Whether you’re a copywriter or any other kind of freelancer, difficult clients are something we’re all familiar with. The red flags aren’t universal, but we know them when we see them. They are the stubbornly squeaky wheel that distracts us from other critical maintenance.
Coming from an employee mindset, as many of us do, it’s easy to slip into appeasement as a default strategy for dealing with a problem customer. Freelancers are not employees, however, and appeasement is only rarely (and temporarily) an appropriate response. Difficult customers don’t just make our own lives as freelancers more stressful, they also cost us money and ultimately damage our other client relationships—those we actually want to keep.
What makes a “difficult” client
There are many different criteria for what might make a client “difficult”. Ultimately, it’s subjective and depends on what you personally need your work life to be like to be effective. As a general definition, though, it’s any client that negatively impacts your business overall. Let’s look at a few examples of red flags that I look for personally:
- Clients who demand constant contact (i.e. always being logged into Skype, Teams, Slack etc…) – This causes interruptions to your workday that might impact the amount and quality of the work you can do for other clients
- Clients who expect constant availability for work – This makes it impossible to reliably schedule your workday/week, and may force you to delay important work in order to accomodate a no-notice task for a pushy client.
- Clients who expect you to accomodate very irregular workloads – Every working hour you keep open for a client who *might* have something for you to do is an hour that you didn’t schedule for a better client.
- Clients who want to monitor your work (cameras, tracking apps, screensharing, Zoom etc…) – You are not a zoo animal.
All of these kinds of behavior mark clients who are attempting to sacrifice your time, independence, energy, and money for their own convenience and profit.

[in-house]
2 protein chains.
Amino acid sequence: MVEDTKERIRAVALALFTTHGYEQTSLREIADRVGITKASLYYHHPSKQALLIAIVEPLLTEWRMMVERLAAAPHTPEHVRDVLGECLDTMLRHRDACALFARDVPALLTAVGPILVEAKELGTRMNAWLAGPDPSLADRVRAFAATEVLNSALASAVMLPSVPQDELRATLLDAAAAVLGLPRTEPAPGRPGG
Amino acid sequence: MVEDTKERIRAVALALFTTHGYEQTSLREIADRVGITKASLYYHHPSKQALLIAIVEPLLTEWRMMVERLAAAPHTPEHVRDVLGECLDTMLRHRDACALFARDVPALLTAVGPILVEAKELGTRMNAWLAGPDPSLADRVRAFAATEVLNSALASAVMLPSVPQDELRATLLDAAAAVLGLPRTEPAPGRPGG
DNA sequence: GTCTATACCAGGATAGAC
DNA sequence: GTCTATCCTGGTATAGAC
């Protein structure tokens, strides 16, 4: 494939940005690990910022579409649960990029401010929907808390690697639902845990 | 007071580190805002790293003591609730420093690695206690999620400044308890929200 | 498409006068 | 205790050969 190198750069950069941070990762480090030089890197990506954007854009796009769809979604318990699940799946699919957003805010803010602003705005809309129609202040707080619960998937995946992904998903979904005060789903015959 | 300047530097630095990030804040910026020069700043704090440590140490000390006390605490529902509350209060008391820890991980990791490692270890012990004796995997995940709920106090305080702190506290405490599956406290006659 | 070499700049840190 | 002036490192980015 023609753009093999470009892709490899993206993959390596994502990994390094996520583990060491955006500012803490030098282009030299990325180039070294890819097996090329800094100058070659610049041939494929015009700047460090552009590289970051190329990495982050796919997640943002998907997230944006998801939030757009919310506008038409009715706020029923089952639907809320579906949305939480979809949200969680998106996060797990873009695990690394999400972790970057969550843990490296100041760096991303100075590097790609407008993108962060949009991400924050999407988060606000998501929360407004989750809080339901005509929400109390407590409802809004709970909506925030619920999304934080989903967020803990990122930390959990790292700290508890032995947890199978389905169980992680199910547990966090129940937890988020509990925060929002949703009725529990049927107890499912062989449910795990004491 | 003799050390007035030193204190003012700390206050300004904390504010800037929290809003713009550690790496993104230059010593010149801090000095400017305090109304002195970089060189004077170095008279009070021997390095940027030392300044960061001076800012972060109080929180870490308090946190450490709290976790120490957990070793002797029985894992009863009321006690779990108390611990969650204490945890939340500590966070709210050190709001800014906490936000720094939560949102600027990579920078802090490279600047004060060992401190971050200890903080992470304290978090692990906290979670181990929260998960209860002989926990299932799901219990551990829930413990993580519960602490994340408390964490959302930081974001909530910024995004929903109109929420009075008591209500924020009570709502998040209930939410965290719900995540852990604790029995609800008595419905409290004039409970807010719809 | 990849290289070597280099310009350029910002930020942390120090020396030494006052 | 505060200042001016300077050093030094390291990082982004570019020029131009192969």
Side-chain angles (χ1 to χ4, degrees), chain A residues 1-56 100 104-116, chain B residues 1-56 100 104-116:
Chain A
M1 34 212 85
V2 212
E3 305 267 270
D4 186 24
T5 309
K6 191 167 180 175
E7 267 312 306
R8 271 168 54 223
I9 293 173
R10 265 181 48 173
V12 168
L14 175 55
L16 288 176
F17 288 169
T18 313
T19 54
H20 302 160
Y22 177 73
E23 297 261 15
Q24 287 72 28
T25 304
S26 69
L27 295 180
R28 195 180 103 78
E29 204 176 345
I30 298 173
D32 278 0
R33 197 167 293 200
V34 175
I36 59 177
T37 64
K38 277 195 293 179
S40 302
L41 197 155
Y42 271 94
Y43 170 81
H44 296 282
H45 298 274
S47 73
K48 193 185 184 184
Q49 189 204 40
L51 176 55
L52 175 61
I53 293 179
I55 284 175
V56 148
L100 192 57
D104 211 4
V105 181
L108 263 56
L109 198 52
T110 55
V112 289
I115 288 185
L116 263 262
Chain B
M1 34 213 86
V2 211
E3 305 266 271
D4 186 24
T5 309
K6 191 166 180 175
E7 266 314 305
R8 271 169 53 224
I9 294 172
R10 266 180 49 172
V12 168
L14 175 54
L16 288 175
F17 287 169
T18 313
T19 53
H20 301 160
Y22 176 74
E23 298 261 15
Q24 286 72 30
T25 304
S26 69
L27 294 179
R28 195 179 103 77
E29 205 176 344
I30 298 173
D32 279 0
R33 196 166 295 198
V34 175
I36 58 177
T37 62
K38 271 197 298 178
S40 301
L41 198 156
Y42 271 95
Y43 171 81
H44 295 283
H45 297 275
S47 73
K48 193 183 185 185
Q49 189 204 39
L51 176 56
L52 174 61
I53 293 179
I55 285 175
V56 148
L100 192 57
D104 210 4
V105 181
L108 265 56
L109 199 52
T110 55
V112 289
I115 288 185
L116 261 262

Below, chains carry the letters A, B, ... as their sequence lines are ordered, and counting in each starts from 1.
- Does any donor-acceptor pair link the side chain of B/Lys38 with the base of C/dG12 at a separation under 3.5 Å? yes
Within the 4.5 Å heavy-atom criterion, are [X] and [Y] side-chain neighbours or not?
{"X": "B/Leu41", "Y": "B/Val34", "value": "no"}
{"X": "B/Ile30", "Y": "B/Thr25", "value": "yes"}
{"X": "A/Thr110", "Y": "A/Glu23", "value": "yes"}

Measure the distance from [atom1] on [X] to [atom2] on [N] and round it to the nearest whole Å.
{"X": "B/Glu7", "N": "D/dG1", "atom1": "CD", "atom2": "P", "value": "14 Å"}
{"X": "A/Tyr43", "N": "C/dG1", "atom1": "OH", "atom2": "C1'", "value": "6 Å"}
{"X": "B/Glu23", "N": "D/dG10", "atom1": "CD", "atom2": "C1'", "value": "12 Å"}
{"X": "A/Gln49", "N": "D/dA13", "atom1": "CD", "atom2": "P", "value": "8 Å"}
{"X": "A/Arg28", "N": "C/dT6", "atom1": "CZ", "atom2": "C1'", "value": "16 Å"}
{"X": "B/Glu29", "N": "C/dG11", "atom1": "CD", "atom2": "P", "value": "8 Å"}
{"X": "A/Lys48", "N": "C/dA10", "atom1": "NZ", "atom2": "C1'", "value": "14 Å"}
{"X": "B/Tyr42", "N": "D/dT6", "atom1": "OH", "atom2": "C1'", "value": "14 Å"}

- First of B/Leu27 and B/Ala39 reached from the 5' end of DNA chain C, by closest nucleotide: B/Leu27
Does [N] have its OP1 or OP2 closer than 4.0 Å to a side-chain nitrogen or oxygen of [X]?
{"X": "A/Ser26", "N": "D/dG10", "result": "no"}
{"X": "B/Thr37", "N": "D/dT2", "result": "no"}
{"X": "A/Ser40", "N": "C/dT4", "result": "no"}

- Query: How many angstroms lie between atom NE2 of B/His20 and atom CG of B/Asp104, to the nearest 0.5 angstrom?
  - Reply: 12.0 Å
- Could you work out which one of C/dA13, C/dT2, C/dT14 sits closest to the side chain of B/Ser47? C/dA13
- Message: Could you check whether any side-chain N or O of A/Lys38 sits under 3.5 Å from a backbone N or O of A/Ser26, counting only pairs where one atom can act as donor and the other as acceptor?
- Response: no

So, you’ve got a new contract, started work, and after a few weeks you start to notice some red flags. What do you do?
What’s the best way to deal with a difficult client?
There’s more than one way to solve this type of problem. The simplest solution is just to fire the client, but that often isn’t necessary. A smarter first resort is to try to communicate and resolve the issue peacably (and contractually). Usually, that means establishing when exactly you’ll accept calls and communications, a minimum turnaround time for any given task, and ensuring that work isn’t billed hourly (to remove any justification for monitoring).
If the client doesn’t agree, or no clear solution presents itself, it’s time to look for other work. Sometimes, it’s worth it to stick it out for a few weeks, until you can find a new customer. Depending on how severe the issue is, though, it may be necessary to fire the client on the spot. If you’re wary of taking this step, you need to look at how the problem is impacting both you and your other clients—those who are reliable, amiable, and who pay punctually. Are their projects being delayed? Is the quality of your work suffering? Are you left feeling stressed after the workday is done?
It’s never, ever worth it to disappoint a good client just to avert the wrath of an unreasonable one.